Thyroid Cancer Symptoms
Thyroid cancer doesn't always have symptoms, so it can be hard to detect and diagnose. In fact, some of the possible symptoms aren't actually caused by thyroid cancer itself. Instead, these symptoms can be caused by a thyroid nodule—and thyroid nodules aren't necessarily cancerous.
We have an article on thyroid nodules so that you can learn more about how these develop, but when it comes to thyroid cancer and thyroid nodules, here's the most important thing to keep in mind: most thyroid nodules are not cancerous. Most adults have thyroid nodules, and as you age, you develop more nodules. Keep in mind that 95% of all thyroid nodules are not cancerous; they are benign1.
Thyroid Cancer Tour
However, most people diagnosed with thyroid cancer usually find out first that they have a thyroid nodule. Through further testing, they can be diagnosed with a type of thyroid cancer. There are 4 main types of thyroid cancer: papillary thyroid cancer, follicular thyroid cancer, medullary thyroid cancer, and anaplastic thyroid cancer.
Learn more about the types of thyroid cancer in ourPatients' Guide to Thyroid Cancer.
Initially, though, people may go into the doctor because they notice the following symptoms and signs:
- Lump in the Neck: Not all thyroid nodules are big enough to cause a noticeable lump. Some people, though, may notice a lump in the front of their neck. You may be able to see it, or perhaps you can't see it but you can feel it. Other people may notice a lump in your neck when you swallow. The most common way that a thyroid lump (and potential thyroid cancer) is detected, however, is when a doctor performs a thyroid exam and feels your thyroid.
- Swollen Lymph Node: Swollen lymph nodes in the neck are another symptom of thyroid cancer (a symptom not related to thyroid nodules). Thyroid cancer can spread to the lymph nodes, which are scattered throughout your body to help you fight infection. The lymph nodes in your neck (you can feel them under your jaw) become swollen when you have a cold or sore throat, for example.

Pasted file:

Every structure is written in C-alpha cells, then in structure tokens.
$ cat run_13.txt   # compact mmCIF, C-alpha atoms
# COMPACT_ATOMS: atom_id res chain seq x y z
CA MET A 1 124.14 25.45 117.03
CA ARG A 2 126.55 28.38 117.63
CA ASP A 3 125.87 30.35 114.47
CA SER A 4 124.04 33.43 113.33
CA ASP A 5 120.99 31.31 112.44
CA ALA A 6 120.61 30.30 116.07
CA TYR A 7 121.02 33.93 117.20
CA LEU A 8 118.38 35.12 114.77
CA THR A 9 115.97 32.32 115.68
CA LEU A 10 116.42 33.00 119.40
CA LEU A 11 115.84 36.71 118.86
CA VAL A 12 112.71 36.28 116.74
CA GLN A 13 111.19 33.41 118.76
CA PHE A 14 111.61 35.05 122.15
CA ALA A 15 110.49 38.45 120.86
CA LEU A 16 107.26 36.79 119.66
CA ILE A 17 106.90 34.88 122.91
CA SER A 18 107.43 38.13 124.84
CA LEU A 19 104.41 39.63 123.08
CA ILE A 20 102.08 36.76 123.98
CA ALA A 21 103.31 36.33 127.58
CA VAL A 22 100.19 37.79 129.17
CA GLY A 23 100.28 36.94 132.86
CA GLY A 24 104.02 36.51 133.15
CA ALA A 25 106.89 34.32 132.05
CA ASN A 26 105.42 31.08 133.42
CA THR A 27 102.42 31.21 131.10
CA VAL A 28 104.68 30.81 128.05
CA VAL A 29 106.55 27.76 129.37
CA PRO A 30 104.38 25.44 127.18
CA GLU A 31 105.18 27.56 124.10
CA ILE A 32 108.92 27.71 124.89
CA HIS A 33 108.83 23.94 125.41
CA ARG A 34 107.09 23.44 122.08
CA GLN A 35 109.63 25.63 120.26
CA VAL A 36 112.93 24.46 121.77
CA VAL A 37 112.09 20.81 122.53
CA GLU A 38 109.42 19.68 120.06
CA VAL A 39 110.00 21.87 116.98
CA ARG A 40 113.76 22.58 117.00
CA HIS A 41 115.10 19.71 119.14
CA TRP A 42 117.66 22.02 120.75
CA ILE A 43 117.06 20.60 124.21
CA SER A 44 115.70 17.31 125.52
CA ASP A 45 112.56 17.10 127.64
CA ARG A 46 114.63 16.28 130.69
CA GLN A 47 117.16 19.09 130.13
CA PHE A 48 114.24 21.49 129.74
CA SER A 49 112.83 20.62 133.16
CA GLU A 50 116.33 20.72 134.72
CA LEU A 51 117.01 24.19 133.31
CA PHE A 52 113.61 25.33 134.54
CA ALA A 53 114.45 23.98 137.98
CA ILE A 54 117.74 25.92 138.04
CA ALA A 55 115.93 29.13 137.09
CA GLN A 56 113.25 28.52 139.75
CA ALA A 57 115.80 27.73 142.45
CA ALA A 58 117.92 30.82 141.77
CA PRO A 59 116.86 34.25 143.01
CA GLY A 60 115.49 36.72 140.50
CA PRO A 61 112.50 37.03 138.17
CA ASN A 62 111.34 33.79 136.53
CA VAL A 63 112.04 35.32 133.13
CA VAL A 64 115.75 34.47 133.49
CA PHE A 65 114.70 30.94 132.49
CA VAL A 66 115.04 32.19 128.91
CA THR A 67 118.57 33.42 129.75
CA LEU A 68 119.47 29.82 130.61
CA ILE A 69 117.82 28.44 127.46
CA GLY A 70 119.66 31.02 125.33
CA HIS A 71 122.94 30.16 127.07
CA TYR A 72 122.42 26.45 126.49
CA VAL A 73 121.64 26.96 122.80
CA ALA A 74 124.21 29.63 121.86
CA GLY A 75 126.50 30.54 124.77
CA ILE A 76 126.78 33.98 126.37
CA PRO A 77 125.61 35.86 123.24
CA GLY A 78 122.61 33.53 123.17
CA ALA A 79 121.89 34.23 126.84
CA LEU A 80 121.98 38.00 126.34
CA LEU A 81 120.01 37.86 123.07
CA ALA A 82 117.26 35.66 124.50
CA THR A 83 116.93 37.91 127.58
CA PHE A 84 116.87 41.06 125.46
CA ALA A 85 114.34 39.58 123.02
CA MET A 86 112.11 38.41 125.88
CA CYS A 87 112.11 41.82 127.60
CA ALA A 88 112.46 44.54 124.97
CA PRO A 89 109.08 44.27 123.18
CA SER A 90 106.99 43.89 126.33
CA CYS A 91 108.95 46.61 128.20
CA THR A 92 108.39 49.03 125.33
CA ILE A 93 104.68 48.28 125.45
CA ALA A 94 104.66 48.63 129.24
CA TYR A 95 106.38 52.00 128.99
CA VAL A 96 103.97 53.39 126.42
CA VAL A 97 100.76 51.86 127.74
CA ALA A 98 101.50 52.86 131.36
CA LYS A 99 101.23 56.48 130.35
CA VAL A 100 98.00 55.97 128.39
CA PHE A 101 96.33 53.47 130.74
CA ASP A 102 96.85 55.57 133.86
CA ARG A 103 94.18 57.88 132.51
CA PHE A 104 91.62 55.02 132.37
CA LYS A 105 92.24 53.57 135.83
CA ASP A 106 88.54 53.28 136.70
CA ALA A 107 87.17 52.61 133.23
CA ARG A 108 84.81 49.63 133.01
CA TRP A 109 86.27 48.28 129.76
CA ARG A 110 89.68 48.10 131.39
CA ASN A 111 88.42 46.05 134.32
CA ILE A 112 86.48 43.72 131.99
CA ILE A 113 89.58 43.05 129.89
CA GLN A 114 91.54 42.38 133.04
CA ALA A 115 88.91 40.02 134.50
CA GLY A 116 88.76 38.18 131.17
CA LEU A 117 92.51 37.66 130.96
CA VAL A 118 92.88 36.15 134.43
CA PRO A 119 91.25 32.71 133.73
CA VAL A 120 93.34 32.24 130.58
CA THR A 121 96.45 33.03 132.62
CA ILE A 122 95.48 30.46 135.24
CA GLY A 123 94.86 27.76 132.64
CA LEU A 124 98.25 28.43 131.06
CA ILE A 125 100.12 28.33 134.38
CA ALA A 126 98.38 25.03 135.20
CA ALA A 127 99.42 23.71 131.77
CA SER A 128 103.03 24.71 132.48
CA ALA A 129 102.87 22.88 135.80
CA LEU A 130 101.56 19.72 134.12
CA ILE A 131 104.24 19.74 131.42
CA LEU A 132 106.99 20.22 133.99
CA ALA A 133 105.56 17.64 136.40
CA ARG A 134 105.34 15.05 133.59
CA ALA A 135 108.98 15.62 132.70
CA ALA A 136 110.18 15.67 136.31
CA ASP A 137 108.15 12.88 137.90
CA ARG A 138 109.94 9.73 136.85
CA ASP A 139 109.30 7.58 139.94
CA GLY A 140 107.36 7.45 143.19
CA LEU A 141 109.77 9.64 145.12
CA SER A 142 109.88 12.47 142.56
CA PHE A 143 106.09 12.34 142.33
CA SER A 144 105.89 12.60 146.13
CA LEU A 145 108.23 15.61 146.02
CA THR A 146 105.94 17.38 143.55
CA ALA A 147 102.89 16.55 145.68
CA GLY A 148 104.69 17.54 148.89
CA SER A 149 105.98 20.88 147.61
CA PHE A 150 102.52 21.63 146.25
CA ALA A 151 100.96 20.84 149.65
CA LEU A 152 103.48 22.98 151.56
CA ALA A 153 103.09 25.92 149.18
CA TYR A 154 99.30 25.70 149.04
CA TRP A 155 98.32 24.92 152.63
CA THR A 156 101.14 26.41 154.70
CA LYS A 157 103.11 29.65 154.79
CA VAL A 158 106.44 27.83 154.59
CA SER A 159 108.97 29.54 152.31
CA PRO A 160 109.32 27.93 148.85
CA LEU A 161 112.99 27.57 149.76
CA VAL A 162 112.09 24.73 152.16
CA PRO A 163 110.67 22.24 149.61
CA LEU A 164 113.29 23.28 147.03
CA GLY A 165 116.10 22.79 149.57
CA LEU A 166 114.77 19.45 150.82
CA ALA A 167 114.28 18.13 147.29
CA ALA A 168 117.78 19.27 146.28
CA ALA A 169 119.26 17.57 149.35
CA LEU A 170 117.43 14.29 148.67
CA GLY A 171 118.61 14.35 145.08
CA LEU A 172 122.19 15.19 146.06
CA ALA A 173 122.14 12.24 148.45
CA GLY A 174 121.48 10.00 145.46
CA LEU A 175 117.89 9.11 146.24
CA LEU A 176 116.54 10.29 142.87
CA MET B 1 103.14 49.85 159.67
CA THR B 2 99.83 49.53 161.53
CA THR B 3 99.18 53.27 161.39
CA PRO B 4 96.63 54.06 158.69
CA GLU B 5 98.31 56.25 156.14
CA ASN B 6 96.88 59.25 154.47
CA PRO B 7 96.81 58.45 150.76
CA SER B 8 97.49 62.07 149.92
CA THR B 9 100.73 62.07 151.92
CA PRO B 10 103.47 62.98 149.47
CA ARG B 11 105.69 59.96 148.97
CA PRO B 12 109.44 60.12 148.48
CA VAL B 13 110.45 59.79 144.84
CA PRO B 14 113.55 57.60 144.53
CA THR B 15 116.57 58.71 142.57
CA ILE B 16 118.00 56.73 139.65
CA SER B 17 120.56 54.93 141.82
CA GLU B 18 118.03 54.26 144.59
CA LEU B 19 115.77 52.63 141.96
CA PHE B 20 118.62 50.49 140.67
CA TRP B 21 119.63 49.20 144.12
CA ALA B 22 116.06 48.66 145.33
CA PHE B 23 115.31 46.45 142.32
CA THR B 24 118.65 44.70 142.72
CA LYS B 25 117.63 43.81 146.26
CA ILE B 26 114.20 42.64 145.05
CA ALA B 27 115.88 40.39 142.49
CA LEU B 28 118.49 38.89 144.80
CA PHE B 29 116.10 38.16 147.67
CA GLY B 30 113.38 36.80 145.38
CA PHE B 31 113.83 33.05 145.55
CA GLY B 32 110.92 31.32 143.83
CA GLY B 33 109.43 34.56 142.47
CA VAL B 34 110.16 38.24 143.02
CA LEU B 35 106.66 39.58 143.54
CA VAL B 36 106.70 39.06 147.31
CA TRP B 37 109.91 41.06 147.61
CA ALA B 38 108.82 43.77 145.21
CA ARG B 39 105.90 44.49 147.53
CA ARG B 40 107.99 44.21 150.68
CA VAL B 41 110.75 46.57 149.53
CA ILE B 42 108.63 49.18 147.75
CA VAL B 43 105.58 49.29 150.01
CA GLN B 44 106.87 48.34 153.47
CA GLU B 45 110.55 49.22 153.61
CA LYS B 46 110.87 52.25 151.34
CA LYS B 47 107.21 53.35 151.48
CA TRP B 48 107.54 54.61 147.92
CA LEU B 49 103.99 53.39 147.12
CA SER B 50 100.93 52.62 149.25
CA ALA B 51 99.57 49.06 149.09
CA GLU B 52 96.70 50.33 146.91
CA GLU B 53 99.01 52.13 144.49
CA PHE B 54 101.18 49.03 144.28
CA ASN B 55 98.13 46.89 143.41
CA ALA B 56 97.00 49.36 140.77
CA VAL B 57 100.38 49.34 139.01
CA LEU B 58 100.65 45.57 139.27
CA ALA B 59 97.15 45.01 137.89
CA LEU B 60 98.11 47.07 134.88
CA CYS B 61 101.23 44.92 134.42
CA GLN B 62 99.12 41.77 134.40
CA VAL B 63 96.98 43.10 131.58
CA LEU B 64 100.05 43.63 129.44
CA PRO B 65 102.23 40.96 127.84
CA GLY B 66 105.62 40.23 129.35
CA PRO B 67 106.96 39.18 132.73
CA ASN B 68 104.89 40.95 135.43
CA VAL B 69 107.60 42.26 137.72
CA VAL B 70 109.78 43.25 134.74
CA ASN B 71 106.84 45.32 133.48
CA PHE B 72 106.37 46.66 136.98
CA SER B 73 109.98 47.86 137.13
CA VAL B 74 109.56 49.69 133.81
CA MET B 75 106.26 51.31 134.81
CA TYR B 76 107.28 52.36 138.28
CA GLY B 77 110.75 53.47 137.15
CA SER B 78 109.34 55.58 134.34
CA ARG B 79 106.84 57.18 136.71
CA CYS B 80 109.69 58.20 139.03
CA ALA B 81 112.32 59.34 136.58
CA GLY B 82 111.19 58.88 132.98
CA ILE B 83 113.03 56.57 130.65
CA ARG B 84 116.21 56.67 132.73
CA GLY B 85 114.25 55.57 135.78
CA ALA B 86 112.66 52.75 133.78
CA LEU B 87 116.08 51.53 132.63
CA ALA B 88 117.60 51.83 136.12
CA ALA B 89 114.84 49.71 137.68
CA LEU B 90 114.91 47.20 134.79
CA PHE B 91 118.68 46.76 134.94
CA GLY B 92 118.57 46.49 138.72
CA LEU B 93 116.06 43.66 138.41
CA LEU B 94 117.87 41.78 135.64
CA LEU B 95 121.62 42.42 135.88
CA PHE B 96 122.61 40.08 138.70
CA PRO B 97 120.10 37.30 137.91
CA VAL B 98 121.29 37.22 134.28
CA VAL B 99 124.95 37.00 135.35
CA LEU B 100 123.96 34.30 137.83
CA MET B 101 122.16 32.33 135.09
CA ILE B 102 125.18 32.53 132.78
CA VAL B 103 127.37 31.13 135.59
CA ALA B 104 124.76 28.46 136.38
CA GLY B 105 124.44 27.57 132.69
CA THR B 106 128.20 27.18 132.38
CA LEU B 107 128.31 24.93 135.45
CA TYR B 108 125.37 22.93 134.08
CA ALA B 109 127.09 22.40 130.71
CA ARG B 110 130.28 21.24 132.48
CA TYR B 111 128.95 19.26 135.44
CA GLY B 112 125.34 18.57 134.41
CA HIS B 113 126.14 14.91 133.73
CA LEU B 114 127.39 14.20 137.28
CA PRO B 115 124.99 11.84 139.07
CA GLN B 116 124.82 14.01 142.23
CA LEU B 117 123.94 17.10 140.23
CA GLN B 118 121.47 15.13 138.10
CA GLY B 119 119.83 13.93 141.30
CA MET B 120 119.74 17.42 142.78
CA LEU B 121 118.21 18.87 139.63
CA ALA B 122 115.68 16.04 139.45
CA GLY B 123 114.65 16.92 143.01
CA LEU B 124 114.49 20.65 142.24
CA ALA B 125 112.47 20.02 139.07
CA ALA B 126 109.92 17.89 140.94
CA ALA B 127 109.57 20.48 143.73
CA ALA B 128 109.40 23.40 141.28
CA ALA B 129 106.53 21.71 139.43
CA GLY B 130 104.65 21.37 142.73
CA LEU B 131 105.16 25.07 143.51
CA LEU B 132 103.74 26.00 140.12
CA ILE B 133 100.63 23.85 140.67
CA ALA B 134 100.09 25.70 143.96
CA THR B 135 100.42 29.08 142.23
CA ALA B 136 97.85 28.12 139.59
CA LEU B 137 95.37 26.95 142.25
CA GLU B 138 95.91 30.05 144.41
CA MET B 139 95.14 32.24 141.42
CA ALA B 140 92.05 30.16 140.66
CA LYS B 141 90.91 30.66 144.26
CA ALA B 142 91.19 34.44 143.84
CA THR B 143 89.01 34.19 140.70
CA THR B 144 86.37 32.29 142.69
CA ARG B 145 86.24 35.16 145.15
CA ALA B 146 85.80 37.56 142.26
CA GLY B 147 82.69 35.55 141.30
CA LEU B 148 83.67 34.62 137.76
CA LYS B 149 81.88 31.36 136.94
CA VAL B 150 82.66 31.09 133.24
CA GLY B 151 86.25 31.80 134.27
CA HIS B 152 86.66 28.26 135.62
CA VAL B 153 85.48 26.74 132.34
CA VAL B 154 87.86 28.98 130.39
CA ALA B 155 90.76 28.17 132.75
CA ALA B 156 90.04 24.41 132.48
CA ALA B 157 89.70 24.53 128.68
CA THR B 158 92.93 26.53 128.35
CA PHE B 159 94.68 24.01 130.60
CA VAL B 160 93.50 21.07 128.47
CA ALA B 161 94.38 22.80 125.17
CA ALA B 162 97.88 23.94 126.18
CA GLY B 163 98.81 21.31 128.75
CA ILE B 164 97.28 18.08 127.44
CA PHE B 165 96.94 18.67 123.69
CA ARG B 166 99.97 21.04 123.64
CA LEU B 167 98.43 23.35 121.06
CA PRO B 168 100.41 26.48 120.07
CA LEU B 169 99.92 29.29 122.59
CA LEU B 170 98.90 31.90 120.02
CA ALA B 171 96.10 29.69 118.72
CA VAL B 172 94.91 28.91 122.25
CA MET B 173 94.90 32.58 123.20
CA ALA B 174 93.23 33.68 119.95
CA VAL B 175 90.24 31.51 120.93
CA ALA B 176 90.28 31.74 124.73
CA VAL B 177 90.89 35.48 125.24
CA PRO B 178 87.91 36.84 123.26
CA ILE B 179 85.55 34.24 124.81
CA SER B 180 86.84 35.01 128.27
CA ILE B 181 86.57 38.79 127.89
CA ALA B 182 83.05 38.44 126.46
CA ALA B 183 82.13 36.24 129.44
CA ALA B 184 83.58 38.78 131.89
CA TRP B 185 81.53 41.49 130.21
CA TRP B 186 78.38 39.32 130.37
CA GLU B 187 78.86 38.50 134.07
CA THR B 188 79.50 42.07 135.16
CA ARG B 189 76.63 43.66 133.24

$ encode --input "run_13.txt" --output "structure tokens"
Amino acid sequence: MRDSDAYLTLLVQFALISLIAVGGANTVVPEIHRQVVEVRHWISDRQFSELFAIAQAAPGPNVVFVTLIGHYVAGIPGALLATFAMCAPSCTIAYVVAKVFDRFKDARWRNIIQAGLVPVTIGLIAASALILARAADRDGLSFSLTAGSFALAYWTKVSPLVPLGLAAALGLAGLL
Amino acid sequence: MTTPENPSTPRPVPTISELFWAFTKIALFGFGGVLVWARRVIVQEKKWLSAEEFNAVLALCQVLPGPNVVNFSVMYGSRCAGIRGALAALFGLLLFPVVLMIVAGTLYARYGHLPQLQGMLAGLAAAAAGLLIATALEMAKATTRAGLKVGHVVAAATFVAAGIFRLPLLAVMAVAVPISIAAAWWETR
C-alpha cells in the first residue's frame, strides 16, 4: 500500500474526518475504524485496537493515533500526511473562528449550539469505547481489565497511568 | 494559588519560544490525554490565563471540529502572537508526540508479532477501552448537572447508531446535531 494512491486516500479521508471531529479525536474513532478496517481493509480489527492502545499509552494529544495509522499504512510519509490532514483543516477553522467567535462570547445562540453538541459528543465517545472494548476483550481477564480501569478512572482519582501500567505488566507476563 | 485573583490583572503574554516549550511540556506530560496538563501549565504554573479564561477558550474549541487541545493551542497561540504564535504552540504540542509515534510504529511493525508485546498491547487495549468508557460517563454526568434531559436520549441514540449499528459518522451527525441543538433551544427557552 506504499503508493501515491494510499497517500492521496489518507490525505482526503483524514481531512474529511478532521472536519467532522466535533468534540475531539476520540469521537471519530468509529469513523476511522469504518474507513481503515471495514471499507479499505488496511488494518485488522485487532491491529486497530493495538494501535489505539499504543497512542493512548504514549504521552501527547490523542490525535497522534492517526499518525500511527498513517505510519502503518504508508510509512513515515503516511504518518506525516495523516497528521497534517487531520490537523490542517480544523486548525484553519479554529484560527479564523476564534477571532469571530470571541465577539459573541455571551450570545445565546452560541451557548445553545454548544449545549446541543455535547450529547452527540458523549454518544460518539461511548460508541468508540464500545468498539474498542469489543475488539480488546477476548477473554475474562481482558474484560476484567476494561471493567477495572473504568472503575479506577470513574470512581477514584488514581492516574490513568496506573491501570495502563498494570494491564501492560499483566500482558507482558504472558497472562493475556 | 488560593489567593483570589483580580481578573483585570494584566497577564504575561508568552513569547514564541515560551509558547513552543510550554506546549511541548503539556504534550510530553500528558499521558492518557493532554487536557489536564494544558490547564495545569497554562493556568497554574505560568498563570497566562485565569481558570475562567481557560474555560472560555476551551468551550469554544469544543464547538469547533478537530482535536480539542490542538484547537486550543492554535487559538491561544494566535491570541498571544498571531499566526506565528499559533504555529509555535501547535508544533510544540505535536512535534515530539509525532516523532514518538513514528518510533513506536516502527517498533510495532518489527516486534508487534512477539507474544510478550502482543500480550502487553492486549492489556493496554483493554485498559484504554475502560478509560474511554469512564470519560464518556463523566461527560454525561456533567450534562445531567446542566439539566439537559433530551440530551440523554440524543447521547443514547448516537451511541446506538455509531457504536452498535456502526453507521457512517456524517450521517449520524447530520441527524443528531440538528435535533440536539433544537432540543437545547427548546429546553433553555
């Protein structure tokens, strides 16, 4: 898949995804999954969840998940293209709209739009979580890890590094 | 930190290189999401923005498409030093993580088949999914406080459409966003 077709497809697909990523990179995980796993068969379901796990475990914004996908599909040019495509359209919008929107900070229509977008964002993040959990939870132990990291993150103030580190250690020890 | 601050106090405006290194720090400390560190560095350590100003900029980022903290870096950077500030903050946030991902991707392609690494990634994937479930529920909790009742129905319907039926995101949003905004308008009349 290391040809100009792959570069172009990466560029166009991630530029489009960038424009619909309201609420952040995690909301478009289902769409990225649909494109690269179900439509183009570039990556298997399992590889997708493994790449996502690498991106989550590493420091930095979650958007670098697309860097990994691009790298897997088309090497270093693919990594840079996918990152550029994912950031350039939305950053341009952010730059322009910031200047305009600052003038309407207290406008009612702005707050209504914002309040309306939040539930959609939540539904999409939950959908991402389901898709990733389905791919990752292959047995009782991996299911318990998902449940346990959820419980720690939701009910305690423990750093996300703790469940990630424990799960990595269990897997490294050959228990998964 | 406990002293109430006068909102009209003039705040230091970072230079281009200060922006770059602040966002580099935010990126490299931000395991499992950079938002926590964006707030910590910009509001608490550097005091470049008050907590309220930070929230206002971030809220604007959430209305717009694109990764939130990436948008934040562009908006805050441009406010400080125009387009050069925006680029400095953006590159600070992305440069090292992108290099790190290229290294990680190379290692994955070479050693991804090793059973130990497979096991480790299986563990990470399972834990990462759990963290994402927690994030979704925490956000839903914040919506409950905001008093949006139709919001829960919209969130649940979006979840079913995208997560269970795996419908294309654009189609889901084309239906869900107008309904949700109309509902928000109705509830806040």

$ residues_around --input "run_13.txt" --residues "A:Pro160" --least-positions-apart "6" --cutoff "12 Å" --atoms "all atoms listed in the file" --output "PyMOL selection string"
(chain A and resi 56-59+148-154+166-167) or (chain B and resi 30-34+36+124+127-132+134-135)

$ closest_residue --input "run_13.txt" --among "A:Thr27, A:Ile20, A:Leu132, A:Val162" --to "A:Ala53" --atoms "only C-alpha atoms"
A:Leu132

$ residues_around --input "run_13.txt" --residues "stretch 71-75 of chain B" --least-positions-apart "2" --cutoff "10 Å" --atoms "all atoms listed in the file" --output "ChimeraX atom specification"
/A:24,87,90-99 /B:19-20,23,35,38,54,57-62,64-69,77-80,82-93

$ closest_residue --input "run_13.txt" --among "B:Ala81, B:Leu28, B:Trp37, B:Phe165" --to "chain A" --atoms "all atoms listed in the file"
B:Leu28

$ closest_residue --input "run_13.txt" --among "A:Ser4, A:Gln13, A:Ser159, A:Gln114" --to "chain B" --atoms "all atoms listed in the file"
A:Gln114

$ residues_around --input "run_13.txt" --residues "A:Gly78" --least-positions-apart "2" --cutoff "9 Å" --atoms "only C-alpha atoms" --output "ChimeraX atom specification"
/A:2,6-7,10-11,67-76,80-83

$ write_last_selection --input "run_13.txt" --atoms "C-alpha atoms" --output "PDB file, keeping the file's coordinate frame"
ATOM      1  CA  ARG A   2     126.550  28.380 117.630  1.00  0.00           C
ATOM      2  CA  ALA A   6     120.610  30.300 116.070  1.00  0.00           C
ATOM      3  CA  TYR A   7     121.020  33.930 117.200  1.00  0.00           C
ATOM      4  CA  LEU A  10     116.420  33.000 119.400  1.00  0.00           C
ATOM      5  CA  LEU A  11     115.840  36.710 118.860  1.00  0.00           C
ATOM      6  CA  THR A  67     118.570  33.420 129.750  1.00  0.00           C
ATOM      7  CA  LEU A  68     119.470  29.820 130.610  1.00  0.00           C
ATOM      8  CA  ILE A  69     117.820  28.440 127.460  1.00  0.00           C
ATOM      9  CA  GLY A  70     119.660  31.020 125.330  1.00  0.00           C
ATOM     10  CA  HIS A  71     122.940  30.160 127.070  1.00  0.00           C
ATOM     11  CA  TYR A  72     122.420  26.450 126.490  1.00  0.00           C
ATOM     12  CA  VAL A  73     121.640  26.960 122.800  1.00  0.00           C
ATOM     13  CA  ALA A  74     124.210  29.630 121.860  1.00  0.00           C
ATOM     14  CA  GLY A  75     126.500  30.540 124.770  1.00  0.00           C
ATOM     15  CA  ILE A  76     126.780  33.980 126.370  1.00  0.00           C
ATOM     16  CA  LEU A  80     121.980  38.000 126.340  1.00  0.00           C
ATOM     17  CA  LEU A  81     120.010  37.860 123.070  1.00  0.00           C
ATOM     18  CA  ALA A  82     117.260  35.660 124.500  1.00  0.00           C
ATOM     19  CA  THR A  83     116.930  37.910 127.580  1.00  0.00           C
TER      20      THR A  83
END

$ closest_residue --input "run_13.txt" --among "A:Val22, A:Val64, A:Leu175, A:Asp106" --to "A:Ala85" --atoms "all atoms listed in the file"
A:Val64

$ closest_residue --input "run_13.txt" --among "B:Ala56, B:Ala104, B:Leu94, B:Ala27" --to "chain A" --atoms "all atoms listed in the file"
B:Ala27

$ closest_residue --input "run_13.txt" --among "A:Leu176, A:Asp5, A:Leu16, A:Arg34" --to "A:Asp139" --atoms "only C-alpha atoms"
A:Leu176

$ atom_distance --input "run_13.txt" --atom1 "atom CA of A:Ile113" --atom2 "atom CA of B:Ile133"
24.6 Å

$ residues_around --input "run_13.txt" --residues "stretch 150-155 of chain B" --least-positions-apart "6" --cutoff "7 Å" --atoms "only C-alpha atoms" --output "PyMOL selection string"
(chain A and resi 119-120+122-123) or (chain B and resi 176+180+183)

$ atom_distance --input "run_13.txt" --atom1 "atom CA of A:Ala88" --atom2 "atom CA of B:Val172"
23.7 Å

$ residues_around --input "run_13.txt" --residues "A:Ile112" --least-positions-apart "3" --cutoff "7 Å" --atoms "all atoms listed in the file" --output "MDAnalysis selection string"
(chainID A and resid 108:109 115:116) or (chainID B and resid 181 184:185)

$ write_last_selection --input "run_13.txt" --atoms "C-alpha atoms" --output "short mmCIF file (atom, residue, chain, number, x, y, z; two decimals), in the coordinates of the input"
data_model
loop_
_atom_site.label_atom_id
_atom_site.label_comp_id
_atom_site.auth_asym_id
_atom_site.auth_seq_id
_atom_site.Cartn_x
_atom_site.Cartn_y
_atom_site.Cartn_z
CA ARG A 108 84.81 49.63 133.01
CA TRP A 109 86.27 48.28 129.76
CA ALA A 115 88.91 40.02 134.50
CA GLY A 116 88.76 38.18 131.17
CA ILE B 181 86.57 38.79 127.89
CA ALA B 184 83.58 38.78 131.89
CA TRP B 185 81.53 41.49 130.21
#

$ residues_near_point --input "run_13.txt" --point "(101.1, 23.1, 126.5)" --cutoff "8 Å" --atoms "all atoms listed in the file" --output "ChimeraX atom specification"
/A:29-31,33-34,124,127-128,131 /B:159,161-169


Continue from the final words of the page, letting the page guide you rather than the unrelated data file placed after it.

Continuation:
When the infection is gone, they should return to their normal size, so if the lymph nodes in your neck stay enlarged for an extended period—and you aren't sick—you should talk to your doctor.
- Hoarse Voice: Your thyroid gland sits just below the larynx (more commonly known as your voice box). A thyroid nodule (which may be thyroid cancer) may be pressing on the voice box, causing hoarseness or voice changes. This is an uncommon way that thyroid cancer is detected.
- Difficulty Swallowing or Breathing: The thyroid is on top of your trachea—the windpipe. A developing thyroid cancer may put pressure on your trachea, making breathing more difficult. Your esophagus is below your trachea, so again, a developing thyroid cancer can cause trouble swallowing. This is also an uncommon way that thyroid cancer is detected.
- Neck Pain: Pain is usually a clue that something in your anatomy isn't working quite as it should. If you have neck pain that lasts longer than a few weeks, you should make an appointment with your doctor to figure out what's causing it. Thyroid cancer is a rare cause of neck pain but if you have neck pain combined with some of these other symptoms, be sure to mention that to your doctor.
- Throat Pain: Similar to neck pain, if you have throat pain that won't go away, you should go to see your doctor. It's a possible symptom of thyroid cancer.
The above symptoms are associated with thyroid nodules of all types, not just cancerous nodules. Since most thyroid cancers develop in thyroid nodules, it's essential to be aware of these symptoms and signs that may point to thyroid cancer. Keep in mind, however, that the majority of thyroid nodules are not cancerous, and most adults will have a thyroid nodule (or even a few of them).
The symptoms of thyroid cancer are hard to detect—and usually the noticeable symptoms are caused not by the cancer itself but by the thyroid nodule where the thyroid cancer is developing. If you notice any of these signs or symptoms, make an appointment with your doctor.
Updated on: 04/07/17